Patterns of Wnt pathway activity in the mouse incisor indicate absence of Wnt/beta-catenin signaling in the epithelial stem cells

Dev Dyn. 2010 Jan;239(1):364-72. doi: 10.1002/dvdy.22106.


The Wnt pathway is crucial for tooth development as shown by dental defects caused by impaired Wnt signaling in mouse and human. We investigated Wnt signaling in continuously growing mouse incisors focusing on epithelial stem cells. Ten Wnt ligands were expressed both in the dental epithelium and mesenchyme, and were associated mainly with odontoblast and ameloblast differentiation. Wnt/beta-catenin activity was detected in mesenchyme in BATgal and TOPgal reporter mice while Axin2, also a reporter of Wnt/beta-catenin signaling, was expressed additionally in the epithelium. Axin2 was, however, excluded from the epithelial stem cells in the cervical loop. Interestingly, these cells expressed specifically Lgr5, a Wnt target gene and stem cell marker in the intestine, suggesting that Lgr5 is a marker of incisor stem cells but is not regulated by Wnt signaling in the incisor. We conclude that epithelial stem cells in the mouse incisors are not regulated directly by Wnt/beta-catenin signaling.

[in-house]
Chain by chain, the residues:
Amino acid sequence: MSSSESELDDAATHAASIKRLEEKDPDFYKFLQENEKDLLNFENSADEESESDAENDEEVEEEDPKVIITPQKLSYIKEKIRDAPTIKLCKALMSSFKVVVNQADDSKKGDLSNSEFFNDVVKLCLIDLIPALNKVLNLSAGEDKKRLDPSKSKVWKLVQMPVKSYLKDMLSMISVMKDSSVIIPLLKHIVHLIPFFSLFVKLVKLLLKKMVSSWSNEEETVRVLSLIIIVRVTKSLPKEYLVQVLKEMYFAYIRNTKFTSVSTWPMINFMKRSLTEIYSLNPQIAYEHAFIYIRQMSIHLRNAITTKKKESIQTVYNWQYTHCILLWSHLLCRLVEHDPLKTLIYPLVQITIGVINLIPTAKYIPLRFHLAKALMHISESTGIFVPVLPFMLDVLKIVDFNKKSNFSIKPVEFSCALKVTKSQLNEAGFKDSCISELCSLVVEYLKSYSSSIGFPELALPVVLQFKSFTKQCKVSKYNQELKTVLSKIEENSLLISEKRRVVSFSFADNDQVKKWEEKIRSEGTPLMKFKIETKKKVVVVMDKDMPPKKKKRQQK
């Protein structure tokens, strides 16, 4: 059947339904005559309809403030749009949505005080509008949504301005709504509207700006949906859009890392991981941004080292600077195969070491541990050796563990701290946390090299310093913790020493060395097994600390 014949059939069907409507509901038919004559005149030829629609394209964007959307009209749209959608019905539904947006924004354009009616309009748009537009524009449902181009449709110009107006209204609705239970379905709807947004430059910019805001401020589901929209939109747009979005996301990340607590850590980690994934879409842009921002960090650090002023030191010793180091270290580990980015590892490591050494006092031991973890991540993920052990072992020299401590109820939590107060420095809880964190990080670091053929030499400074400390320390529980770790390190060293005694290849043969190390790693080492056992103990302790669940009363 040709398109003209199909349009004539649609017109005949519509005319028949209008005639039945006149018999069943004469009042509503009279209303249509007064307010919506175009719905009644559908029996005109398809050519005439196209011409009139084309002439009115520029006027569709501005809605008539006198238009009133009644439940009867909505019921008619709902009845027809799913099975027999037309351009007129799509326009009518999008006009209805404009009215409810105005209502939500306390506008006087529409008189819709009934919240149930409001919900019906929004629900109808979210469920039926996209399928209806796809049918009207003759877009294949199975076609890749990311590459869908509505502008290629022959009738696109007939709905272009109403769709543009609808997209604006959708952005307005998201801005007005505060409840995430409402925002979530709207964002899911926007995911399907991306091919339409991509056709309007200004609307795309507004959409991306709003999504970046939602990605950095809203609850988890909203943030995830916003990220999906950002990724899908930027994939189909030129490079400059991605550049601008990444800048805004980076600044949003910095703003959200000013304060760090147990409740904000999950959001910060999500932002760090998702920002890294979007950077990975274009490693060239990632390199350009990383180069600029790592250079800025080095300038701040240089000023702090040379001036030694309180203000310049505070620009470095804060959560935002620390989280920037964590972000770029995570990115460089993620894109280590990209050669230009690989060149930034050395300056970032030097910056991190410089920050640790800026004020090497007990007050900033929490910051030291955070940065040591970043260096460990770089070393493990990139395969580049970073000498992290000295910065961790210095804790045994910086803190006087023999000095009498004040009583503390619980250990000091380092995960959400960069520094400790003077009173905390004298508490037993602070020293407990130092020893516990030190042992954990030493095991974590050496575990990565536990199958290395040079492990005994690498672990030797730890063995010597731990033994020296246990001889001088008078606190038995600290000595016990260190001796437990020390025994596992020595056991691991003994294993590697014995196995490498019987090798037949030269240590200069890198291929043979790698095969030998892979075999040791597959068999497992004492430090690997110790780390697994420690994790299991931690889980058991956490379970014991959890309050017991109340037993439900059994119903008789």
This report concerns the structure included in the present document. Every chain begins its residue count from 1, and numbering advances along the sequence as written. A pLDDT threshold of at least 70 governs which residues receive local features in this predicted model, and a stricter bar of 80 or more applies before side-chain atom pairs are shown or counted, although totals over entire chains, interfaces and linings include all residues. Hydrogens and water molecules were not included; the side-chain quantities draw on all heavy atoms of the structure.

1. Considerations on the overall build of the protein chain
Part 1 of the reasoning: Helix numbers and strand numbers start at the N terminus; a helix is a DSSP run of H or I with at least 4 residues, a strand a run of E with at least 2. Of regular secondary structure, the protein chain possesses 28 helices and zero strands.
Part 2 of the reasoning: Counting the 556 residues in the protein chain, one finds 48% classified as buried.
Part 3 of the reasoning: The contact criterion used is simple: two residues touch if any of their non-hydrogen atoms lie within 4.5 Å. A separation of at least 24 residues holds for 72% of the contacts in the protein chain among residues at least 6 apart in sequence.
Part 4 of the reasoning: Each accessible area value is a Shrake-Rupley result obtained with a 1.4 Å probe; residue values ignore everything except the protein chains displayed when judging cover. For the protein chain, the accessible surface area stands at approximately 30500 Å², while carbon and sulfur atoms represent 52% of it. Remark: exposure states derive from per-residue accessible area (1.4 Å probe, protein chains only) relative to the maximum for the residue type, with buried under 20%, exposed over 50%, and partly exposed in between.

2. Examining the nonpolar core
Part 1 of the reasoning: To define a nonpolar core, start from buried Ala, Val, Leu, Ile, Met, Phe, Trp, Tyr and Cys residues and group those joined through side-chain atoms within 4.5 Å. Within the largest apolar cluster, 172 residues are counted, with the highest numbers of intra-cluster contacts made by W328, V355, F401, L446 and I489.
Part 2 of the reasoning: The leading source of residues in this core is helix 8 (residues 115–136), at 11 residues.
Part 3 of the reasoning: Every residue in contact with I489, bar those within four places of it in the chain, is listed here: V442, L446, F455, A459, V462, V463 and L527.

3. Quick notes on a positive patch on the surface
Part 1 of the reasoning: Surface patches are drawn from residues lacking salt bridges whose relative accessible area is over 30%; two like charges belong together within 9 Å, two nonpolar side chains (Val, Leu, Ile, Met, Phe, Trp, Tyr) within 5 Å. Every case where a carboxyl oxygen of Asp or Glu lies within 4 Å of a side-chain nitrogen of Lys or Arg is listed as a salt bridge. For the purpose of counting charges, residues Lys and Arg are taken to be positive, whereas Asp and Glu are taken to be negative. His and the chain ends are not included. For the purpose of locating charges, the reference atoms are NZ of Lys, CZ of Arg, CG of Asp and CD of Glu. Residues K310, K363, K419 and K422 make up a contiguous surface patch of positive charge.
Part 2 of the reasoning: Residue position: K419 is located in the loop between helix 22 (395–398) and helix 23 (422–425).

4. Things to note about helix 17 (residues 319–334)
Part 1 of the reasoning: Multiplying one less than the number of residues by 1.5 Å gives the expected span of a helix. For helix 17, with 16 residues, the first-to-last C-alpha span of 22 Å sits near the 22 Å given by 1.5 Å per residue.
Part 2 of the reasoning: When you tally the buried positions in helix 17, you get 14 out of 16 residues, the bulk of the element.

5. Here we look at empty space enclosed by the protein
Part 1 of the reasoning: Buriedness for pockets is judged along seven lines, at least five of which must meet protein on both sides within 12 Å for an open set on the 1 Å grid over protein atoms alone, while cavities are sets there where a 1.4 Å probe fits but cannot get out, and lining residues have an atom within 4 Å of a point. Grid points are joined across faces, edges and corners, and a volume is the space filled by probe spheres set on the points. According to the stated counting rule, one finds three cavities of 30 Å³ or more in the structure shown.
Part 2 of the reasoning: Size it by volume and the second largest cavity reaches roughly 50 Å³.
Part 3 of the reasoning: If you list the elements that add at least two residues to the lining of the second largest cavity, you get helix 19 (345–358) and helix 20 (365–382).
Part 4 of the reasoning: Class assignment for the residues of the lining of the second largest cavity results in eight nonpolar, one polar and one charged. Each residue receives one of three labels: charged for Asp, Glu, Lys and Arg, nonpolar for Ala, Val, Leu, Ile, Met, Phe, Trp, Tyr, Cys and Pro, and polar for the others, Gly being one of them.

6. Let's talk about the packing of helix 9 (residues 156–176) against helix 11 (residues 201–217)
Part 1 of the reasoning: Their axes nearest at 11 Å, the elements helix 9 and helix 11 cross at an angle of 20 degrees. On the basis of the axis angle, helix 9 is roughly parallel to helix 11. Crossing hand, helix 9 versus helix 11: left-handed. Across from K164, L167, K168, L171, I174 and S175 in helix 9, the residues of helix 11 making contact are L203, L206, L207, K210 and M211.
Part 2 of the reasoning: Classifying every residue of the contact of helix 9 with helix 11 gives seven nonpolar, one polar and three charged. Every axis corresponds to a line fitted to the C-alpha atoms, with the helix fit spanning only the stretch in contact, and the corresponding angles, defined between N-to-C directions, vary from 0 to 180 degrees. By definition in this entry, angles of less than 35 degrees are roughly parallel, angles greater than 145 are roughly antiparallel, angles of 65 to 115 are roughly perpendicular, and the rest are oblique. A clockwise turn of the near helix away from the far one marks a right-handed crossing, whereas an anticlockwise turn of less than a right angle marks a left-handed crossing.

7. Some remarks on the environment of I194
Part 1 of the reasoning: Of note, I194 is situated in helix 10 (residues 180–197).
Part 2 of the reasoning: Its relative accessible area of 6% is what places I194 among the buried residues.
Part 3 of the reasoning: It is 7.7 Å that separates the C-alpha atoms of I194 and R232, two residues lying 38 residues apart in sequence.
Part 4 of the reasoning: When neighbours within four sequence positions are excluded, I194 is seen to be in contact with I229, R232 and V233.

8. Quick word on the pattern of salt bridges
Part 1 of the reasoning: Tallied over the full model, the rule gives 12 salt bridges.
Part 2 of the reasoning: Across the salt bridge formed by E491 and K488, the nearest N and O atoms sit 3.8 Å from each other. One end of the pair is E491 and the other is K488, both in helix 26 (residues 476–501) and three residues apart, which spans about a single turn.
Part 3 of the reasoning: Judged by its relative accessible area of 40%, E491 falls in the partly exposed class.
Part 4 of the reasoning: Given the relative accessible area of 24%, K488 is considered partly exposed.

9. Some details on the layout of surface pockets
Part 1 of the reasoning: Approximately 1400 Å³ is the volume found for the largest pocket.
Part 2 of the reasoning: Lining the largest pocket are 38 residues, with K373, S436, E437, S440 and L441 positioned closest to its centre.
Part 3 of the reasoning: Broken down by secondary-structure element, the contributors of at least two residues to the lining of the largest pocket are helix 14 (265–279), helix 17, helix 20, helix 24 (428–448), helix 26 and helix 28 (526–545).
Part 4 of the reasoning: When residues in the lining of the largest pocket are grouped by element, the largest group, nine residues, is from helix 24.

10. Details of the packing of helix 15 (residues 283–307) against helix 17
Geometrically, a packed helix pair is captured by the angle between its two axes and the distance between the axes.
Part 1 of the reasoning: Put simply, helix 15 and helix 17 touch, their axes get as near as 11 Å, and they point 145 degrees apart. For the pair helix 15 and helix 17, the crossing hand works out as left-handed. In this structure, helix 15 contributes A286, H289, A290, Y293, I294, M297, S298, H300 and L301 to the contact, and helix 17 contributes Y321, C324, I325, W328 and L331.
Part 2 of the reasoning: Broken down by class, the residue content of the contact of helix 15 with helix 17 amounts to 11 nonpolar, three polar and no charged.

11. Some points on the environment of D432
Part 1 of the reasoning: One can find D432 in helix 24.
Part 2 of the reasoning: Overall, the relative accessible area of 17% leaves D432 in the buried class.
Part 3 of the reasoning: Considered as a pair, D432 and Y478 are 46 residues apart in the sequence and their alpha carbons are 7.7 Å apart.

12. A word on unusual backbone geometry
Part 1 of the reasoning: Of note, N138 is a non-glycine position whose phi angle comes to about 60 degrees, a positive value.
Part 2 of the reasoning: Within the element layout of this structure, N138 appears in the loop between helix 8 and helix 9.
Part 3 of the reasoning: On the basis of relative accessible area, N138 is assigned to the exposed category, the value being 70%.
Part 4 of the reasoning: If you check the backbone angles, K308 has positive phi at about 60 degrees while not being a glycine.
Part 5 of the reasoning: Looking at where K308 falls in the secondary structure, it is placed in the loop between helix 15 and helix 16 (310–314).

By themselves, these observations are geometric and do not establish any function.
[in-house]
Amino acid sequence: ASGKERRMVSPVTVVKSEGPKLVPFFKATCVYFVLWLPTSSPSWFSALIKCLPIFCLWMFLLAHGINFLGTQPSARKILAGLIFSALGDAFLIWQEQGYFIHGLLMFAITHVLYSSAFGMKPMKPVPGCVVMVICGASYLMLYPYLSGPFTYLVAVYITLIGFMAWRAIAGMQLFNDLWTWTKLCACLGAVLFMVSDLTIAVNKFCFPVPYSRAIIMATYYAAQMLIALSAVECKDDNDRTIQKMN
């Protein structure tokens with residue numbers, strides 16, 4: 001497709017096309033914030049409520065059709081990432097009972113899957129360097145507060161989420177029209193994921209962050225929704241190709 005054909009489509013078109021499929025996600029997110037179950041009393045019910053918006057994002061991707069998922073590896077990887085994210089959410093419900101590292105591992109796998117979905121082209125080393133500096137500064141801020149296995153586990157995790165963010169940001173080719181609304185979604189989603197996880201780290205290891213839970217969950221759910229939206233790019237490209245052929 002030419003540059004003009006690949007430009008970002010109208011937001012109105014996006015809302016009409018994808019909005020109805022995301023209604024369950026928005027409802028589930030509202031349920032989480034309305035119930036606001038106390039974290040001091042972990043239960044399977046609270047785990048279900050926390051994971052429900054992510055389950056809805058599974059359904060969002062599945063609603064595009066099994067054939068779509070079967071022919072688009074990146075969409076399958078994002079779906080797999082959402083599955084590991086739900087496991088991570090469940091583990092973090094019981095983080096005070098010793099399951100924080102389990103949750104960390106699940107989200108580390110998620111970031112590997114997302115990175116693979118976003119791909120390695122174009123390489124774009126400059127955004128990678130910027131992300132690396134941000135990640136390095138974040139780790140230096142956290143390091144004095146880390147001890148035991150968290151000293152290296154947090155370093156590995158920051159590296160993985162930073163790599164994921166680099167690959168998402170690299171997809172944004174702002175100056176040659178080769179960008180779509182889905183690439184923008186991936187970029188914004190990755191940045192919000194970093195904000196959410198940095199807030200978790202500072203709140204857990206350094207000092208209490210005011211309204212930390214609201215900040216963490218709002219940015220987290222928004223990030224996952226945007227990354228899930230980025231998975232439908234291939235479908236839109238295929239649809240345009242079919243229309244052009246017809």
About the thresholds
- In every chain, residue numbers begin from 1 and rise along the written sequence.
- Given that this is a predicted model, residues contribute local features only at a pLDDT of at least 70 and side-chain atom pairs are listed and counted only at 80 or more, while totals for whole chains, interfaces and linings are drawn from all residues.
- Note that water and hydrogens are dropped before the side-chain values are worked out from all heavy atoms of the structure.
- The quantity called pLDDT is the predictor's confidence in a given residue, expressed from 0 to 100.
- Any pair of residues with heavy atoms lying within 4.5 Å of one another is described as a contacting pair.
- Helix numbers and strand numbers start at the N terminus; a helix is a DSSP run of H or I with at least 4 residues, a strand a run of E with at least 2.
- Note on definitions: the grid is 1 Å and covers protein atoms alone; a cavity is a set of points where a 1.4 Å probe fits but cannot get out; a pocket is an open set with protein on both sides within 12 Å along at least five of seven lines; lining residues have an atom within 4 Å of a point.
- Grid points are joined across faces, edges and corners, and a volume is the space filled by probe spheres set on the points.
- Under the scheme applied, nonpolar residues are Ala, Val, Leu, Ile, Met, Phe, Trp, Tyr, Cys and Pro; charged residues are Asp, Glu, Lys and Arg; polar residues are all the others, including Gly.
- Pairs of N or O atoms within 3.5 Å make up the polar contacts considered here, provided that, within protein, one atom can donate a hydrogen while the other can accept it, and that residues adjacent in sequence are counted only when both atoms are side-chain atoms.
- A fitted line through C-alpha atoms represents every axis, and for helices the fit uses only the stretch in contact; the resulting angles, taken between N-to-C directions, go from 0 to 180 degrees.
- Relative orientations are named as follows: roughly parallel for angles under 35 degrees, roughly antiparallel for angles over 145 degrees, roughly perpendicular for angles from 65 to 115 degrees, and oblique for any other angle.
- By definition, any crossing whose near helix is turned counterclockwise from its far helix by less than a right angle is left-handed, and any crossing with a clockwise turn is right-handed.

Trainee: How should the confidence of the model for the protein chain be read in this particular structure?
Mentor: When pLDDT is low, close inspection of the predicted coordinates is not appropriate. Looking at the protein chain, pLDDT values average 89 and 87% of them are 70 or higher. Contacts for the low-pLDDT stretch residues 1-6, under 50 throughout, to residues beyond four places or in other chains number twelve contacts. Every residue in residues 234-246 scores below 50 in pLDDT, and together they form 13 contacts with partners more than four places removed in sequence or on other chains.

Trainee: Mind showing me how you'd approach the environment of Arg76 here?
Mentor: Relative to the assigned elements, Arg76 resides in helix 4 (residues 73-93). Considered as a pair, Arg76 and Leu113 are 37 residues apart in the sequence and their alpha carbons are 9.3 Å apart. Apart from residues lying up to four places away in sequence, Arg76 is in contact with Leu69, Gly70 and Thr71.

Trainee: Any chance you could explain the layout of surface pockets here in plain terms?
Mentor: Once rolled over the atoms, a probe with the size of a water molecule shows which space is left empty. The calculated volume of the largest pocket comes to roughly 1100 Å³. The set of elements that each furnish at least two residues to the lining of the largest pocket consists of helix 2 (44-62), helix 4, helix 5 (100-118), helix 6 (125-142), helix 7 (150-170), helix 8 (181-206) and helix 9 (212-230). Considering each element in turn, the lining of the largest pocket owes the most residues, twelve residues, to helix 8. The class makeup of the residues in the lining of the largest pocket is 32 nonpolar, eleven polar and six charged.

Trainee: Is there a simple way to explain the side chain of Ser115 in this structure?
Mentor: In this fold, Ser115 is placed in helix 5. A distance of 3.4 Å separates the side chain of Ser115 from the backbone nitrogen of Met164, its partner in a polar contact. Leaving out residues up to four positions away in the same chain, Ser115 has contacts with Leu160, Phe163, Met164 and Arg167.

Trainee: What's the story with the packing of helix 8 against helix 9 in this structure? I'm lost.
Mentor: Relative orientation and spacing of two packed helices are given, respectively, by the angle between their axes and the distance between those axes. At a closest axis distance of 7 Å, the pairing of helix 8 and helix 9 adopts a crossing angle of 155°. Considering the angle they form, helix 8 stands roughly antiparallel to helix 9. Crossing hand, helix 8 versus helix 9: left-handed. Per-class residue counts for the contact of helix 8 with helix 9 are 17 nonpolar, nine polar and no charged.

Publication types

  • Research Support, Non-U.S. Gov't

MeSH terms

  • Animals
  • Axin Protein
  • Biomarkers / metabolism
  • Cell Differentiation / physiology*
  • Cytoskeletal Proteins / metabolism
  • Epithelial Cells / metabolism*
  • In Situ Hybridization
  • Incisor / cytology
  • Incisor / growth & development*
  • Ligands
  • Mice
  • Receptors, G-Protein-Coupled / metabolism
  • Signal Transduction / physiology*
  • Stem Cells / metabolism*
  • Wnt Proteins / metabolism*
  • beta Catenin / metabolism*


  • Axin Protein
  • Axin2 protein, mouse
  • Biomarkers
  • Cytoskeletal Proteins
  • Lgr5 protein, mouse
  • Ligands
  • Receptors, G-Protein-Coupled
  • Wnt Proteins
  • beta Catenin